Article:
In an effort to make things right between the nations of Sweden and Peru, 90 pieces of ancient textiles made by the Paracas culture are being returned to their country of origin over the next seven years. In 1934, Swedish consul, Sven Karell, smuggled the fragile pieces out of Peru and into Sweden. One of the four artifacts in the first shipment, put on display for the press on Monday, is a 2,000-year-old funeral shroud. The piece is an exceptional example of the tremendous skills of the artisans of that time and region.
The piece measures 41 inches by 21 inches. There are about 80 different colors used in the intricate design. Separated into 32 frames, the textile is populated with a variety of animals and people. As is typical of Paracas design, even the border is decorated with figures done in a relief form that is three-dimensional. Textiles experts, though they know cactus thorns were used as needles, have yet to decipher the exact techniques used to create such detailed textiles.
What is known is that the Paracas culture dwelled in the Ica Region from 800 to 100 years prior to the common era. The Ica Region is near the Andes Mountains on the Paracas Peninsula. Paracas, used broadly, refers to the cultural complexes of Paracas Necropolis and Paracas Cavernas, which were related. Their textile work can also be divided this way. The people of Paracas contributed advances in the production of textiles, as well as agriculture. Approximately 1,300 years prior to the appearance of the Incan culture, in about 1200 A.D., the Paracas culture seems to have disappeared. The textiles in the collection from Sweden were produced just before the demise of the civilization. Not much more is known about the Paracas culture.
The reason these textiles have survived when so many others have not is because of the ultra-arid conditions of the desert of the Andes Mountains. Made from alpaca wool, these artifacts were well-preserved for thousands of years. According to Krzysztof Makowski, an archaeologist at Peru’s Catholic University and the University of Warsaw in Poland, to find ancient Roman textiles of this quality would be impossible. Unlike precious metals, textiles are extremely fragile. Makowski goes on to say that this tends to be the case around the world, making ancient textiles quite rare.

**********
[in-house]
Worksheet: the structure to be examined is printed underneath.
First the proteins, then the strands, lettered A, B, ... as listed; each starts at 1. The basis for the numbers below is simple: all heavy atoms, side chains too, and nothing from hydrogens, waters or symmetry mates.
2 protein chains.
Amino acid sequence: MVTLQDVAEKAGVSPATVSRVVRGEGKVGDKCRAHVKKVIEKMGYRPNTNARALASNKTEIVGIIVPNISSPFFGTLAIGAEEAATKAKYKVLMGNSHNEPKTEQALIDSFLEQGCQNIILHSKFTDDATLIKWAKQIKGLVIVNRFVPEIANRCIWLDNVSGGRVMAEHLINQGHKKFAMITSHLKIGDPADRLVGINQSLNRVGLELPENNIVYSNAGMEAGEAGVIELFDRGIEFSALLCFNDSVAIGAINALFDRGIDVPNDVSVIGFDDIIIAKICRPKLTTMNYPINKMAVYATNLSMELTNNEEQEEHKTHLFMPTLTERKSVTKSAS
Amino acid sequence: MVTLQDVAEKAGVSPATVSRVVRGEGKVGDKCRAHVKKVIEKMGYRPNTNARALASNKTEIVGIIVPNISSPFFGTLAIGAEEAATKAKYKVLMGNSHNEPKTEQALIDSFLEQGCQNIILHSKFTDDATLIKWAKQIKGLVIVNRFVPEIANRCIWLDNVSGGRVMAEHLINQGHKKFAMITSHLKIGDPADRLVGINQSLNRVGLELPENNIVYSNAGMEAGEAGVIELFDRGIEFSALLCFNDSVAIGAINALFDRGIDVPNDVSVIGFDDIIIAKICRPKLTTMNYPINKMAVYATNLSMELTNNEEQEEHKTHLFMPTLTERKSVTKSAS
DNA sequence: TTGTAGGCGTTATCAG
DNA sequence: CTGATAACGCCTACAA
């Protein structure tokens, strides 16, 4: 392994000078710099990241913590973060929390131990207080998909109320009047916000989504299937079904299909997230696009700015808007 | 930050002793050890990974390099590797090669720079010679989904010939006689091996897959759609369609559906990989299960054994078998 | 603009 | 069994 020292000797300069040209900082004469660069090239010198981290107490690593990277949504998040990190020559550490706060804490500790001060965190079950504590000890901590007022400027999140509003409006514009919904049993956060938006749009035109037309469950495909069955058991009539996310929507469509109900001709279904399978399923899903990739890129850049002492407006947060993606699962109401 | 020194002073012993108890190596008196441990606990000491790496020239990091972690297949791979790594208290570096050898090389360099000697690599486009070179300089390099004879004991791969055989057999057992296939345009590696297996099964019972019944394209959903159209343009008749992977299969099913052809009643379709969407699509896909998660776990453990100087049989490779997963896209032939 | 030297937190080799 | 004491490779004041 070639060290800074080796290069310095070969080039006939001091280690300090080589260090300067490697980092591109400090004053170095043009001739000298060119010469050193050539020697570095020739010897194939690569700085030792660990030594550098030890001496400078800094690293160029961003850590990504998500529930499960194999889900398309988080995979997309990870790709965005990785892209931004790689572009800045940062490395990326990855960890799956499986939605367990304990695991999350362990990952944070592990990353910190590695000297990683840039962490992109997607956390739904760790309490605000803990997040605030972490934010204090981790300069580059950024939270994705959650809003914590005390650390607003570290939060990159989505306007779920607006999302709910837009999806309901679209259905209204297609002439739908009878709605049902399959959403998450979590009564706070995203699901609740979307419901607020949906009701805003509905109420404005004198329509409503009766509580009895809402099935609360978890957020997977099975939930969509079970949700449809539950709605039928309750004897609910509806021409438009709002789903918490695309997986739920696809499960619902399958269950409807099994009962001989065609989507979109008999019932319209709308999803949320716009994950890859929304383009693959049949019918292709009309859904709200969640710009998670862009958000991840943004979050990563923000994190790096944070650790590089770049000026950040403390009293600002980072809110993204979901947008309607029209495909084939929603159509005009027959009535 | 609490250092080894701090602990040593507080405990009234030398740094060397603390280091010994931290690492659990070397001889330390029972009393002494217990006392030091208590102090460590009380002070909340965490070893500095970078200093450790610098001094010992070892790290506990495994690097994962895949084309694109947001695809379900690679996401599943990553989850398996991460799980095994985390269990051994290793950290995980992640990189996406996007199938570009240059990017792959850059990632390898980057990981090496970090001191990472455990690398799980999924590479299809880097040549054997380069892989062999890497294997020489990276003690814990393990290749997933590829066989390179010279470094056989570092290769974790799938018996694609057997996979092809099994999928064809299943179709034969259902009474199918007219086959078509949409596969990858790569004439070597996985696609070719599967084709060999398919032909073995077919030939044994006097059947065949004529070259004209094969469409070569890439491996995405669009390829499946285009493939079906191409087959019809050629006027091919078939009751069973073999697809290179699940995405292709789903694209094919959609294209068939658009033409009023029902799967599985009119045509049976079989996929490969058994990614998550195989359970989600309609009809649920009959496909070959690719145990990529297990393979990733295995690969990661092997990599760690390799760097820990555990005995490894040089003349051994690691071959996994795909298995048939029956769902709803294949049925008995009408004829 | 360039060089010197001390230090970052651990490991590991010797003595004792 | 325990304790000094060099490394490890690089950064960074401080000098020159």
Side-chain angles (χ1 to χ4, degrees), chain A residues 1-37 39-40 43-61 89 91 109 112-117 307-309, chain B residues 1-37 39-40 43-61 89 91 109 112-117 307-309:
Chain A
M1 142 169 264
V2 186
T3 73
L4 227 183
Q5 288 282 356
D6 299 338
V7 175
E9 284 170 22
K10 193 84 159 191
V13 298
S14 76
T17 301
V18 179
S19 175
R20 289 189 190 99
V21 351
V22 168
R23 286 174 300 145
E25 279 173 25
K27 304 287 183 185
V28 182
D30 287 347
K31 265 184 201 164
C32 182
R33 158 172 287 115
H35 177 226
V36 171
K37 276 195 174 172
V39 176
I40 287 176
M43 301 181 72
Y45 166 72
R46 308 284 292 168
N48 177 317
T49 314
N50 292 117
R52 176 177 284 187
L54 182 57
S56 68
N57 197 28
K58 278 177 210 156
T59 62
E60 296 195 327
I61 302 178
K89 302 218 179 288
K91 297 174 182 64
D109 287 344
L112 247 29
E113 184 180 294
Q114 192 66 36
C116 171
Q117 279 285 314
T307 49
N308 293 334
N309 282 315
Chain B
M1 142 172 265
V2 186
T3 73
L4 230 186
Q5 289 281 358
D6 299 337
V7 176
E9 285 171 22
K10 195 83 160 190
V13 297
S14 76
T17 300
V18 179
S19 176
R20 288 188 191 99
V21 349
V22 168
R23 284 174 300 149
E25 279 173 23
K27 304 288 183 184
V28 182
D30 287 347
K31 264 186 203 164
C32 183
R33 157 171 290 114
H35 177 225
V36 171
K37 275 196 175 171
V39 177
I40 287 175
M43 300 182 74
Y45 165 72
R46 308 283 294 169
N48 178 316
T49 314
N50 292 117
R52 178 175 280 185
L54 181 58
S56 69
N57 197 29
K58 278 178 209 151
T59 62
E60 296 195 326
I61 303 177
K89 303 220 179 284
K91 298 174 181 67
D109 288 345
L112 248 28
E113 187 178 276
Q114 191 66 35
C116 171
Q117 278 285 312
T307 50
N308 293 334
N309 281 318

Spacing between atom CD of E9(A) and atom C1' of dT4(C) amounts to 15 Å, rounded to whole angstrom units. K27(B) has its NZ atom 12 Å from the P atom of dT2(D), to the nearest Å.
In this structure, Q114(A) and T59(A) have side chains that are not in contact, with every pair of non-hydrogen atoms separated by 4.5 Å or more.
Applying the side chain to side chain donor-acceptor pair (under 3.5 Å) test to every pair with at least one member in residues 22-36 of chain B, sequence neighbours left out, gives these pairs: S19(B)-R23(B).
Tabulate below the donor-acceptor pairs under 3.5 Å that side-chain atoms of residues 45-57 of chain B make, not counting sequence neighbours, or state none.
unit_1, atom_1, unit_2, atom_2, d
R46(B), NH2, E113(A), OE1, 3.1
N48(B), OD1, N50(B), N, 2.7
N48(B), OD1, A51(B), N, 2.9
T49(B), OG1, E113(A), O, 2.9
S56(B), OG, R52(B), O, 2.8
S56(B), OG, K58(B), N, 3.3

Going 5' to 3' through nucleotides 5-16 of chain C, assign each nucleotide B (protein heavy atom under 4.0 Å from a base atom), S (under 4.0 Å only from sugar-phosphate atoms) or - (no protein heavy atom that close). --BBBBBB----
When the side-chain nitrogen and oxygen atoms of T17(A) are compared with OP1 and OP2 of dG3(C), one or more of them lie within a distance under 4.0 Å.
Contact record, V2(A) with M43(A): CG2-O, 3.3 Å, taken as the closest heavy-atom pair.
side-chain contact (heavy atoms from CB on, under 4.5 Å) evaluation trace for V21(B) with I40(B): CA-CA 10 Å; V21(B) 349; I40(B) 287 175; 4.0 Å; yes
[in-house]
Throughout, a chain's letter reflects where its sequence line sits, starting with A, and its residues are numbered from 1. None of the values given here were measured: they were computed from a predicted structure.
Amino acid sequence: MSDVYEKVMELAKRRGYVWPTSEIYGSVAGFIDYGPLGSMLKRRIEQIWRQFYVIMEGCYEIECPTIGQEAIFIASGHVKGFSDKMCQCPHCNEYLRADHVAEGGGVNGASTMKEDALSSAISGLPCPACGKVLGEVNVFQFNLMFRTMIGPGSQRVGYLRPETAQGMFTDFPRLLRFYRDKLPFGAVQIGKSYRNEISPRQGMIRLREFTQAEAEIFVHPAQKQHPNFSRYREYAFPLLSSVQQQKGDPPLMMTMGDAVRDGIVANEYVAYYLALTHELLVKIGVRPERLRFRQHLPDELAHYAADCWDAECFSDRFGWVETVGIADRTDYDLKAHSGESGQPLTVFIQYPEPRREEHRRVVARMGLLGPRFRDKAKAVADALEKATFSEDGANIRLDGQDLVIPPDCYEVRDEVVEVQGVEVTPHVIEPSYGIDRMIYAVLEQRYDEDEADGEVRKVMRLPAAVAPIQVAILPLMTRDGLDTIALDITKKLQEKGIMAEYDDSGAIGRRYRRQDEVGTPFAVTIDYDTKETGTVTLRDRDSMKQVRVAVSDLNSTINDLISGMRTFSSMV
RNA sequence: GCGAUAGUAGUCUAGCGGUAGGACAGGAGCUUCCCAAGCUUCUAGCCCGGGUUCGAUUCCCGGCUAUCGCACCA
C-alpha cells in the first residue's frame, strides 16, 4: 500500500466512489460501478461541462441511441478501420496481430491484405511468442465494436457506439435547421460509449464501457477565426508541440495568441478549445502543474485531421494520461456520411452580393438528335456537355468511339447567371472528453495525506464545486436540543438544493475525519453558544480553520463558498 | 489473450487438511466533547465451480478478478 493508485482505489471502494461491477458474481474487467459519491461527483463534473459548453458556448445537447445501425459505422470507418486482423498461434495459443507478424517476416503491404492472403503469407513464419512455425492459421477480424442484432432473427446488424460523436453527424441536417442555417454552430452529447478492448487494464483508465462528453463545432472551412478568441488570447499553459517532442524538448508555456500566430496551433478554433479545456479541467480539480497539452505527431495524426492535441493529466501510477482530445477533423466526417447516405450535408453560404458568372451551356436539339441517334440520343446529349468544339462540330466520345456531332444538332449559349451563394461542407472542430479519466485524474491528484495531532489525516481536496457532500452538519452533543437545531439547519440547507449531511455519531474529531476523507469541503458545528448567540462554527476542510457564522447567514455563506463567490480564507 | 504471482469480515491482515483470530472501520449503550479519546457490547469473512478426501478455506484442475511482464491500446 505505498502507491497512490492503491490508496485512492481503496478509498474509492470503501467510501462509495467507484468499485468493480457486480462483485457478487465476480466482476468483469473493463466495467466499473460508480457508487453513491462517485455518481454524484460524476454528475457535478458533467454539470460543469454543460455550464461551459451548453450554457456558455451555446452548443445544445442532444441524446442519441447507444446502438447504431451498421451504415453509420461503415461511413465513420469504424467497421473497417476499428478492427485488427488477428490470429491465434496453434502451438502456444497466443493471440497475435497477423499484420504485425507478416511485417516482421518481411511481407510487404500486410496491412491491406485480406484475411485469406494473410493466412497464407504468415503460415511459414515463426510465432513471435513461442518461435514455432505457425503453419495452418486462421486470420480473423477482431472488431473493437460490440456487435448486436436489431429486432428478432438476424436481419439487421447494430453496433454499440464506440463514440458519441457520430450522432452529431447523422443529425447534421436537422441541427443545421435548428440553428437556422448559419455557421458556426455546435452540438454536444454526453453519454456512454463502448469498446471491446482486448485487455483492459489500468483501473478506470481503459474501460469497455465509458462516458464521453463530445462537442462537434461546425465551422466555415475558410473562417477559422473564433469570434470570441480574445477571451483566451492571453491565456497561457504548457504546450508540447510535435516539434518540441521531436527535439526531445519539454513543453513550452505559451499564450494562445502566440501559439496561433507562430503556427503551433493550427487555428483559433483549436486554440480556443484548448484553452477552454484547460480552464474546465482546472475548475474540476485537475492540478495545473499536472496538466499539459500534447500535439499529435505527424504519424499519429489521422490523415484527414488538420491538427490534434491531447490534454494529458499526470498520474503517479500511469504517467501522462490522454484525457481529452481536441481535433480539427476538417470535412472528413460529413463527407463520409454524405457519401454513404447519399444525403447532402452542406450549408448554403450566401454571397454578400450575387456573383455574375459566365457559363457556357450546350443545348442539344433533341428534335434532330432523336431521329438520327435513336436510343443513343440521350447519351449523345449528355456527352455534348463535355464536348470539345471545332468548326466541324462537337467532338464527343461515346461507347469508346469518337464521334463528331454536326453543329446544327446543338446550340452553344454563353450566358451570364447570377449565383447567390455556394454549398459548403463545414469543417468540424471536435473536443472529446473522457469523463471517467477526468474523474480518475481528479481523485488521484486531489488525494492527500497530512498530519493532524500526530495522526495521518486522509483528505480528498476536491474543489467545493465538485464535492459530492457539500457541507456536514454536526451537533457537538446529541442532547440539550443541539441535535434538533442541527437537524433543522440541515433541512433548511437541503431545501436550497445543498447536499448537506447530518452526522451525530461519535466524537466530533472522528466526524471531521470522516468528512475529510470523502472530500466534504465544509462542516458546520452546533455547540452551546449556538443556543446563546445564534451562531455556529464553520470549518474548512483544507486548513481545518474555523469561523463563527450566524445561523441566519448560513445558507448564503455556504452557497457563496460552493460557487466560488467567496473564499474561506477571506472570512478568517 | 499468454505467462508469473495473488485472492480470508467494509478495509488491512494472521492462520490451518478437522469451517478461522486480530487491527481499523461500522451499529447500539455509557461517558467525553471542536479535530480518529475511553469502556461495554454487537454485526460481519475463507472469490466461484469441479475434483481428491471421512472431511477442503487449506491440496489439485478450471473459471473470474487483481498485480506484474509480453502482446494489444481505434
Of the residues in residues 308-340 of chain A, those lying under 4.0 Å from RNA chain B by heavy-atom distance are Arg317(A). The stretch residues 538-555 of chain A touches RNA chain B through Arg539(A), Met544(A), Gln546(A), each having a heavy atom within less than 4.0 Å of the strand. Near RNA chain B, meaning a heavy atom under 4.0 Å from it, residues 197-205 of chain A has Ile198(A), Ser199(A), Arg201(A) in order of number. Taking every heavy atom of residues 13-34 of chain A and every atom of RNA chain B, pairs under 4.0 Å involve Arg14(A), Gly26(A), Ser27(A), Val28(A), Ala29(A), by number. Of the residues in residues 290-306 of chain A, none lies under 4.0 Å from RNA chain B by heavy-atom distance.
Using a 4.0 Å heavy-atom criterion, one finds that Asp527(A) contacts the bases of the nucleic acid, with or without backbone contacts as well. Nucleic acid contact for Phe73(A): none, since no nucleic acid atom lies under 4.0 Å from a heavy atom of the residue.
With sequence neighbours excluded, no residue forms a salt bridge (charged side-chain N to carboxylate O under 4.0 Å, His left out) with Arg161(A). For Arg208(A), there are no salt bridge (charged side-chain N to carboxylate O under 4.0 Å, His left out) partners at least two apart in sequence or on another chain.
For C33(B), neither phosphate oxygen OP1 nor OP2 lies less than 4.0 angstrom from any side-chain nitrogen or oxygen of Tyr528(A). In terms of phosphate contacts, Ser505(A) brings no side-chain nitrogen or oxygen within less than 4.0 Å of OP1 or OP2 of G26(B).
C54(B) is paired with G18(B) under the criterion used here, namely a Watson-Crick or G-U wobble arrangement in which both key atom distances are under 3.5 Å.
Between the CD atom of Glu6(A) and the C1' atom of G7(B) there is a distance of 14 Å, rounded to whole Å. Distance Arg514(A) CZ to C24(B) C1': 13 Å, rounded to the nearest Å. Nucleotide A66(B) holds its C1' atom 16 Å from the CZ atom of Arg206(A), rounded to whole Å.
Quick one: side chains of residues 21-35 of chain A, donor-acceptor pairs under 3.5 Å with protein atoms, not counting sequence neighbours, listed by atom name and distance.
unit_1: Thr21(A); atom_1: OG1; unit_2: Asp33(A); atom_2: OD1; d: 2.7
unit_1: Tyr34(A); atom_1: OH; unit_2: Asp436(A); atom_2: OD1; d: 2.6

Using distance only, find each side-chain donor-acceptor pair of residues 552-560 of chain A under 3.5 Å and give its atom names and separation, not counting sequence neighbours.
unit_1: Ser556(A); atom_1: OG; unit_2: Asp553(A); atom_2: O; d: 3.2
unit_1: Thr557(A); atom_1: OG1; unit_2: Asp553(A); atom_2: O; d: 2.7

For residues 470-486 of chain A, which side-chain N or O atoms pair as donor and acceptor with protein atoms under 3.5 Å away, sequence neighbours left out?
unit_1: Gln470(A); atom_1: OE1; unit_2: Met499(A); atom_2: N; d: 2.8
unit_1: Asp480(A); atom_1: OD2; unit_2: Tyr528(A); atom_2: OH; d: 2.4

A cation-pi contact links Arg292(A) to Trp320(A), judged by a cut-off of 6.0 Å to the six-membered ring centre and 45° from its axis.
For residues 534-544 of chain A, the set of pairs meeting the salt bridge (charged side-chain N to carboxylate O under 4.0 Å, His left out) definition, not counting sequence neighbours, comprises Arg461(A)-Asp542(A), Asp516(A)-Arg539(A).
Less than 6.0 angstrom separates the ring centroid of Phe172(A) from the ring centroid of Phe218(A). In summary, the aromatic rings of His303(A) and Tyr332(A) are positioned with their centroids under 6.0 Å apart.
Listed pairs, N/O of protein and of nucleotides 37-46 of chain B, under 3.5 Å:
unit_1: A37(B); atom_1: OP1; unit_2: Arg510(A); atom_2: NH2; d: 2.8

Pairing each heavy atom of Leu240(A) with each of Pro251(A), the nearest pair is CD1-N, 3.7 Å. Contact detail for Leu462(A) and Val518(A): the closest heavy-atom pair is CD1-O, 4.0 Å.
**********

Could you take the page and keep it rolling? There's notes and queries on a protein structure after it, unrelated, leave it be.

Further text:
Peru has decided that as a nation, they would like to have their artifacts, including fragile ancient textiles currently in worldwide collections, returned to them. In fact, 400 ancient Peruvian artifacts from Machu Picchu were recently returned from Yale University.
The Sweden to Peru returns are a part of the agreement made between each country’s foreign ministries. As part of that agreement, Stockholm will be paying for all of the costs incurred by shipping the textiles to Peru. There will be an official meeting between the mayor of Gothenburg, Sweden, where the artifacts have been for the last 80 years, and the president of Peru, Ollanta Humala. President Humala would like to thank the mayor in person for all of her work in getting these precious ancient textiles of Peru returned home.
By Stacy Lamy